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Modoc: an inspiring, plausible, story of the bond between human and elephant

The story of Bram Gunterstein and the Asian elephant Modoc is amazingly told even if it cannot be separated from the dramatization assumed to have been added to it. If it isn’t true, it’s a human being’s fantastical attempt to imagine up a bond between human and elephant that is so strong it overcomes trauma. If it is true, even if only in part, its breath-taking and heart-wrenching. Either way, it shows the healthy respect those that have come into contact with them accord to elephant.

It’s a story that begins on the same day in 1896. Bram is born to circus animal-training parents on the same day that Modoc, a female elephant, is born into circus captivity.

The tale of Modoc and Bram is told, alleging itself to be based on a true story, by American writer and owner of many American wildlife parks, Ralph Helfer. Helfer tells Modoc as an integral part of it.

In the book, the Guntersteins work for a German circus and they are unique in the animal training/circus environment for the fact that they choose to train animals through praise instead of intimidation. Bram Gunterstein, newly brought into the world, grows up alongside Modoc and takes to the training of the elephant with ease.

When Modoc is old enough, she begins to perform but not long after her entertainment debut, the circus owner falls ill and is forced to sell the circus. An American Mr. North buys the circus and immediately begins the process of shipping it, without Bram, half-way across the earth.

Bram, unwilling to lose Modoc, stows away on-board the container ship and is, as a result, with Modoc when the ship goes down in the Indian ocean. By clinging to Modoc’s back, Bram and a few other survivors make it to the coast of India where Bram and Modoc’s incredible, almost unbelievable, tale takes a new turn.

They live, work and thrive in the Maharajah’s elephantarium. Bram gets married, his status is exalted locally and the pair live a seemingly peaceful life until Mr. North, looking to reclaim his wares, arrives.

With much tragedy, travel and intrigue enwrapped in the pair’s attempt to escape Mr. North, their efforts are in vain. Mr. North finds Modoc and Bram and eventually gets them shipped to America where they become reluctant star attractions. In America, Modoc’s fame and life in a circus that doesn’t celebrate the same treatment Bram’s family espoused is tough on the elephant.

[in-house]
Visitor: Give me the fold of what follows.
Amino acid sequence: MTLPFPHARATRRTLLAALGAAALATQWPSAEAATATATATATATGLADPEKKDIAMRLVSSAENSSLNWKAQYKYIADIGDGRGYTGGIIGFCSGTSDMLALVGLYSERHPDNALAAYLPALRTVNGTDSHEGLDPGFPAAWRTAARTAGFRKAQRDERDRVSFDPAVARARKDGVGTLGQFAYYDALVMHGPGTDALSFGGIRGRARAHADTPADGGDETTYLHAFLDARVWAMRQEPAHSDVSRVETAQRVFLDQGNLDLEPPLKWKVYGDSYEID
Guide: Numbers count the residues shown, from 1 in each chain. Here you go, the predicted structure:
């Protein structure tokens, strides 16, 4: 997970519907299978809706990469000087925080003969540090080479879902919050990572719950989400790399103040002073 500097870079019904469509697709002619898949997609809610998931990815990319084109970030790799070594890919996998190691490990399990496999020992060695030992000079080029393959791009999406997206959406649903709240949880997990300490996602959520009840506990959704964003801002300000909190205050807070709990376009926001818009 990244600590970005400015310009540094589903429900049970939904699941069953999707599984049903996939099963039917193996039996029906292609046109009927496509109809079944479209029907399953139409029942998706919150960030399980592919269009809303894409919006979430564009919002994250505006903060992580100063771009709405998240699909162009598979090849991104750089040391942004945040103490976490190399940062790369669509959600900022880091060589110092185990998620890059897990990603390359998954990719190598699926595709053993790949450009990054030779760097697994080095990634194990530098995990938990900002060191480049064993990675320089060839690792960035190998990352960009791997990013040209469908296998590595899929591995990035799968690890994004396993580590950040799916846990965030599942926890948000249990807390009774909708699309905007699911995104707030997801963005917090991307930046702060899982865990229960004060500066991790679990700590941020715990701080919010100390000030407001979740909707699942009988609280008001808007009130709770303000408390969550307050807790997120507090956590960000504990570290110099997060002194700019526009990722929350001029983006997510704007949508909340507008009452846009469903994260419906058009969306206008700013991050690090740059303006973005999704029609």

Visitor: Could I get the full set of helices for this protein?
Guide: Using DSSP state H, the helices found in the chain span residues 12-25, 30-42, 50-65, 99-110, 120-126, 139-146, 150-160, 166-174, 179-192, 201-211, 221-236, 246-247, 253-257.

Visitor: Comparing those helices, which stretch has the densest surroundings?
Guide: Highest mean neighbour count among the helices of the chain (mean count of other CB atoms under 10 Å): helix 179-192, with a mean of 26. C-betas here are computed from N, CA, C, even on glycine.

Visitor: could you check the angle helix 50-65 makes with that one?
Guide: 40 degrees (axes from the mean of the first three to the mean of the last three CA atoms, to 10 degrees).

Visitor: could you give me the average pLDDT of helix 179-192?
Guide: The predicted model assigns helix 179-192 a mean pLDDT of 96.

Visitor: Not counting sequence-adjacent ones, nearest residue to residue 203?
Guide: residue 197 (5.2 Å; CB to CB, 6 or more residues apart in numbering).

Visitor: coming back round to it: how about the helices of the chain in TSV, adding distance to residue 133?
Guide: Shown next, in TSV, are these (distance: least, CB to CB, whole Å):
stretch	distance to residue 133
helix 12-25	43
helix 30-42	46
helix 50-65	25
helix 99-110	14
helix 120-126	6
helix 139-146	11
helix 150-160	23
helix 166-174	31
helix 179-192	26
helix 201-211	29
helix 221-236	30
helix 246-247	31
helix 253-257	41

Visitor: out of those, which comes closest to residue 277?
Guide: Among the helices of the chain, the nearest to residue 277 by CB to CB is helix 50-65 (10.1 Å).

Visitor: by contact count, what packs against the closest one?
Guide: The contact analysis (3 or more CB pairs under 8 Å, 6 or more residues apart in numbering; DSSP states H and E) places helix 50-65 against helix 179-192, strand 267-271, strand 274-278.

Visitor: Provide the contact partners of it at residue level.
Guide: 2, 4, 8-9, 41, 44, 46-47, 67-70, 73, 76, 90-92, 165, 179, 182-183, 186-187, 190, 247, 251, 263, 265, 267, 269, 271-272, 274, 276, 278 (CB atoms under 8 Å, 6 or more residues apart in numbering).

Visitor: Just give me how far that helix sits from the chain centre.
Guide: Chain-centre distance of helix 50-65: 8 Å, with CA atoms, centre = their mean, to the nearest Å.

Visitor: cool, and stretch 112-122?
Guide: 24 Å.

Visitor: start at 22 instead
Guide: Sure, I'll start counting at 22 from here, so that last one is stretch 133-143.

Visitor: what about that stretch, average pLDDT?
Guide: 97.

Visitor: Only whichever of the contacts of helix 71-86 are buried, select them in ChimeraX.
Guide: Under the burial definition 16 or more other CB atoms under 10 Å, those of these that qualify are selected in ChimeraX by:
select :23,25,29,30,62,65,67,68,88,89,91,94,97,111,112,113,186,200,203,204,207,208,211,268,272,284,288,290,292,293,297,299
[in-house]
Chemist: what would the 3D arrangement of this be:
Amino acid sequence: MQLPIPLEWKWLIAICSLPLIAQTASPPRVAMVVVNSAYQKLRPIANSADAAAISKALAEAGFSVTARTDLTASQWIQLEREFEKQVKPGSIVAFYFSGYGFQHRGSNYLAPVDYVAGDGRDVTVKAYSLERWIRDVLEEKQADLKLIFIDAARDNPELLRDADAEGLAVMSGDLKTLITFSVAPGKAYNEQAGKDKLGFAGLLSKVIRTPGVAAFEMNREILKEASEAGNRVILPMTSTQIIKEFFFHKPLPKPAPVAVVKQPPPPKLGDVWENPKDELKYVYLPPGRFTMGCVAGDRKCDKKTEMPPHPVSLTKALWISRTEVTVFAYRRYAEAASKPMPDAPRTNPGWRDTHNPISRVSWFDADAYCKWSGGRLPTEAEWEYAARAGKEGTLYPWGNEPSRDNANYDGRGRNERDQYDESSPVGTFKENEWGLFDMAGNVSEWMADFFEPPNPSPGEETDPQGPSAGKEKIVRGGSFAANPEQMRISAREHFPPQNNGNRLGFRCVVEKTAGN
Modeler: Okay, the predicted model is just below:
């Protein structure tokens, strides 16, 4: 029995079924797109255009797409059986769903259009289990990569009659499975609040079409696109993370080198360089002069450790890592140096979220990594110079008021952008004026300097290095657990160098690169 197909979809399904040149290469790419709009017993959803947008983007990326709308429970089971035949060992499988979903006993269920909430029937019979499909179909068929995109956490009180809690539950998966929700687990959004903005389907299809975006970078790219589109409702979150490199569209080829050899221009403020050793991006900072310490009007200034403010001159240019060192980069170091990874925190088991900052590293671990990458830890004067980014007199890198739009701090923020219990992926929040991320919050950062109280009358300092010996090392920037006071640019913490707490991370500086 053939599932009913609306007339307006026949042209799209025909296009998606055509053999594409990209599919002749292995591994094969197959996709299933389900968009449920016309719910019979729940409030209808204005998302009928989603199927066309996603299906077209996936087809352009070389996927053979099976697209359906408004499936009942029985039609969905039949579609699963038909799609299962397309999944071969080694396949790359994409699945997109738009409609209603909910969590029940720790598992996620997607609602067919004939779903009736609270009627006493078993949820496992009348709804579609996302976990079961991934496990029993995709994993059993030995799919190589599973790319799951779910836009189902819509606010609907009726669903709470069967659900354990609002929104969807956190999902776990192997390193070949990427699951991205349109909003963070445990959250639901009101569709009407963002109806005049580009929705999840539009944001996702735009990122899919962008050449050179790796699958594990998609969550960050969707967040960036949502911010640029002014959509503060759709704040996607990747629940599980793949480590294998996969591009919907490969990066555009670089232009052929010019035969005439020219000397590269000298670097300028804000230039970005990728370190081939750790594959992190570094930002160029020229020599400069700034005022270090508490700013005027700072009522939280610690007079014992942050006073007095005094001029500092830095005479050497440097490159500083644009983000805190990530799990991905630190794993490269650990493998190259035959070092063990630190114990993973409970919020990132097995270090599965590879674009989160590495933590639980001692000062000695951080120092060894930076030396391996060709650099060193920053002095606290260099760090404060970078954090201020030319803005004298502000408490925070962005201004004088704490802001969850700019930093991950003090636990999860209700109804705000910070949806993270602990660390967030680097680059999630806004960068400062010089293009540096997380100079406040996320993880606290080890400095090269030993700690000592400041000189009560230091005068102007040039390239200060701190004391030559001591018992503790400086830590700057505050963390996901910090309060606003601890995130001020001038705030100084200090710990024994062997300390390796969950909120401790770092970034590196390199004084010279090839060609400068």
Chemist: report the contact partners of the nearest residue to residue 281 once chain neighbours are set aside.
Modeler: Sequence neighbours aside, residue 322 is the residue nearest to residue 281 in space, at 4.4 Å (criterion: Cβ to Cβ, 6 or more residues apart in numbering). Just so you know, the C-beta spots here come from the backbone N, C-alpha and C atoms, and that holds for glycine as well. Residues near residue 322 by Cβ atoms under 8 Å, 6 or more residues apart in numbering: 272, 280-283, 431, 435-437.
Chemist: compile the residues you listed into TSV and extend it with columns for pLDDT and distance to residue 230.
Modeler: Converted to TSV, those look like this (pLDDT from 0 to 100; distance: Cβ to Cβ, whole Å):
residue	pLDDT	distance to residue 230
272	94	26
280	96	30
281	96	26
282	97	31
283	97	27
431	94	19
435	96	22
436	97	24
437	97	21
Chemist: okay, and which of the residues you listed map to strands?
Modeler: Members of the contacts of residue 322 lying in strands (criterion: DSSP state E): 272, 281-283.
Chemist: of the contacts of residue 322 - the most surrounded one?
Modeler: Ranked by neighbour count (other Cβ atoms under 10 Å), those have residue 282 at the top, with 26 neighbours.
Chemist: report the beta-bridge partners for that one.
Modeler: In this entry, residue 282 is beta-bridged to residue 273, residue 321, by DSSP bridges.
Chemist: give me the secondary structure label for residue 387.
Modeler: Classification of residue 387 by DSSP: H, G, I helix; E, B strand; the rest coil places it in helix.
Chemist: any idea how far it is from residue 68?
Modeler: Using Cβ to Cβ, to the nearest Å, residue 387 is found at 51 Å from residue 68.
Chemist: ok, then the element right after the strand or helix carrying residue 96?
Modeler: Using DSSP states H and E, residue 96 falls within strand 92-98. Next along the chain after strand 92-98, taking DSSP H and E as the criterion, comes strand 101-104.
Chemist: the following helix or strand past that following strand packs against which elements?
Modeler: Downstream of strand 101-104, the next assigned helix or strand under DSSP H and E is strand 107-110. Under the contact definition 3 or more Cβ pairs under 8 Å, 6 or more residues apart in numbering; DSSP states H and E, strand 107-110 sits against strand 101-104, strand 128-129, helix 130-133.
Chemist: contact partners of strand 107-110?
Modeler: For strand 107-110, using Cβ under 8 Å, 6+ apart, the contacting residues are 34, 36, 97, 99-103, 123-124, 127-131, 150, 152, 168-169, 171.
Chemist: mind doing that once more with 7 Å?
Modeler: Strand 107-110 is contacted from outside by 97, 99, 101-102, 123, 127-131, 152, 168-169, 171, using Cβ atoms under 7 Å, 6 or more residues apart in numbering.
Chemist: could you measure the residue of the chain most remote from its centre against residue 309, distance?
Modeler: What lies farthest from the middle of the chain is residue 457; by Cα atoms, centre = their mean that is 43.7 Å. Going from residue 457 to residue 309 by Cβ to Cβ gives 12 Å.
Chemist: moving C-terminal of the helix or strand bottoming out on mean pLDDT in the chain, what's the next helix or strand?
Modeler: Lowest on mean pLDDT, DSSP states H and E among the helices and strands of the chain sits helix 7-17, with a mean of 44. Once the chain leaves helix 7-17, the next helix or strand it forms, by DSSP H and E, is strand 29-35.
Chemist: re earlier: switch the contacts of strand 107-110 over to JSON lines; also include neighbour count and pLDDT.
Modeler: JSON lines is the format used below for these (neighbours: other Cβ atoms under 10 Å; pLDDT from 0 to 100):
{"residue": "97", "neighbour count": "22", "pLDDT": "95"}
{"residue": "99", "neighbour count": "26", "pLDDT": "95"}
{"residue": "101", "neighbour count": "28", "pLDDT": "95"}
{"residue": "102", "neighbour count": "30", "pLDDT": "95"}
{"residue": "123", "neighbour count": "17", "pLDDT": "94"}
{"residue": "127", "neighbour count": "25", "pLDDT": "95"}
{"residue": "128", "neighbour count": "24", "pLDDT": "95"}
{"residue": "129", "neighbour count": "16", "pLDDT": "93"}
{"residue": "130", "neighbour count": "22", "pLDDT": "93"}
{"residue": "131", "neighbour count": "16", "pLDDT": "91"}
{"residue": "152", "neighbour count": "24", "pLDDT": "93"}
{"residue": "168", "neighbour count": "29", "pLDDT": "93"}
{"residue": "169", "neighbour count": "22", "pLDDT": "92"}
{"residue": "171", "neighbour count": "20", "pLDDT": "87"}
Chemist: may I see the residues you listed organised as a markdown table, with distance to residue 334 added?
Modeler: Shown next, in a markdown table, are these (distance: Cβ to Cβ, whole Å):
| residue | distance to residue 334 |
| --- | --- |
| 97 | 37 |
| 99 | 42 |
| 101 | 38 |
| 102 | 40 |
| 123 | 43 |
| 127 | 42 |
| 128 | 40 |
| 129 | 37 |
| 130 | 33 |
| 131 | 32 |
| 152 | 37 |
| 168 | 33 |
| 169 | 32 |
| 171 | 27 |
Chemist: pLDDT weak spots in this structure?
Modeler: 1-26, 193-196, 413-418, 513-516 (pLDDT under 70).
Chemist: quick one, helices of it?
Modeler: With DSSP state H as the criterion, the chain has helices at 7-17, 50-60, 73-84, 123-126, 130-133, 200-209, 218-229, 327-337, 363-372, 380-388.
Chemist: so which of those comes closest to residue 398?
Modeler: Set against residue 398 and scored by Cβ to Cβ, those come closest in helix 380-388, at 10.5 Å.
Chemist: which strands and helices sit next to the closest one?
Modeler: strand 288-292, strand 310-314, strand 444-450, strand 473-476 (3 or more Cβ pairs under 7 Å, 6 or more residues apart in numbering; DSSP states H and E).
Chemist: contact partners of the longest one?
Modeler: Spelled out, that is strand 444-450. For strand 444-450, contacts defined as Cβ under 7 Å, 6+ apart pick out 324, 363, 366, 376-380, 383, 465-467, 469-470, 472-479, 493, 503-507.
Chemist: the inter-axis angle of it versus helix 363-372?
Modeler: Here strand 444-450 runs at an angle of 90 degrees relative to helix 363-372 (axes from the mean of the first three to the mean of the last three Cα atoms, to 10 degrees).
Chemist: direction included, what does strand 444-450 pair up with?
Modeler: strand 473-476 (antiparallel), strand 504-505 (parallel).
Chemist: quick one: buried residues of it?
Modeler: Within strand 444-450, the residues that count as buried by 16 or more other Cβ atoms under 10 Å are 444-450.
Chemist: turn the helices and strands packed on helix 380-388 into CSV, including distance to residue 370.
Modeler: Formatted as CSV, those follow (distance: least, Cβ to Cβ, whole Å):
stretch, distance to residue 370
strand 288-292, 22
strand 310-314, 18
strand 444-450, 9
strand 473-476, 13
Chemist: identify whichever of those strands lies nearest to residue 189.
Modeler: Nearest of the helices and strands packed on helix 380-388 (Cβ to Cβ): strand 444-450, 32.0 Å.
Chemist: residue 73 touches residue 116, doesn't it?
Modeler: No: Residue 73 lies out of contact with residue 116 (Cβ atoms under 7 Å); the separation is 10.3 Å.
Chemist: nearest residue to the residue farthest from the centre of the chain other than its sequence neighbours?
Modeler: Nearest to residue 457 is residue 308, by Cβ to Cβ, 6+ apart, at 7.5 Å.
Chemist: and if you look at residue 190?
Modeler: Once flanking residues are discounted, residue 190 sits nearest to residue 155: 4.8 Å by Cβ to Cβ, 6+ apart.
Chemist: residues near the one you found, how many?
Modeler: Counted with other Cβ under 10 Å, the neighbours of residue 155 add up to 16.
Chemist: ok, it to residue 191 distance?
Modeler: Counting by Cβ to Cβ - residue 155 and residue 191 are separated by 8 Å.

She is eventually adjudged to be too damaged for performance and is sold without Bram’s knowledge. Modoc and Bram are separated. Modoc goes on to spend years in a rough and demanding entertainment industry without Bram. Her health deteriorates consistently, seemingly being sold off whenever her temperament or health becomes a problem to her owners. Eventually, she is found and bought by the book’s author, Ralph Helfer.

Helfer brings the traumatised elephant to his ranch. He finds, in his new acquisition, a performer that seems to know a great deal more tricks than he was led to believe. Modoc is rehabilitated slowly until, some ten years after their separation, Bram, allegedly looking for work, comes into the ranch and hears her voice. The story ends with the pair rekindling their relationship.

It’s an amazing, heart-wrenching and inspiring, story that has captivated the focus of many a reader. It has, as a result, been bored into and analysed by many a fan hoping to find observable evidence of the journeying and fame of Bram and Modoc. Unfortunately, little can be found to verify the story laid out by Ralph Helfer.

Certainly, there is much that is fantastical about the events integral in the shaping of this story. However, what is really amazing, and truly captivating, about the story of Modoc and Bram is less the travels and the trauma and more the relationship. If we cannot verify things like the story’s shipwreck or Modoc’s America fame, we certainly can’t verify the fact of Modoc’s observable improvement in temperament when Bram came back into her life.

Sometimes, the search for qualifiable truths gets in the way of the telling of a great story, and Modoc is a great story. Give it a read, suspend your search for the verifiable, and enjoy the expanding of a great celebration of the personal and enduring bond possible between an elephant and a human being.


If you want to read more about the great capacity of elephants, read this article that details three real-life, monitored events that demonstrate how intelligent they are. 

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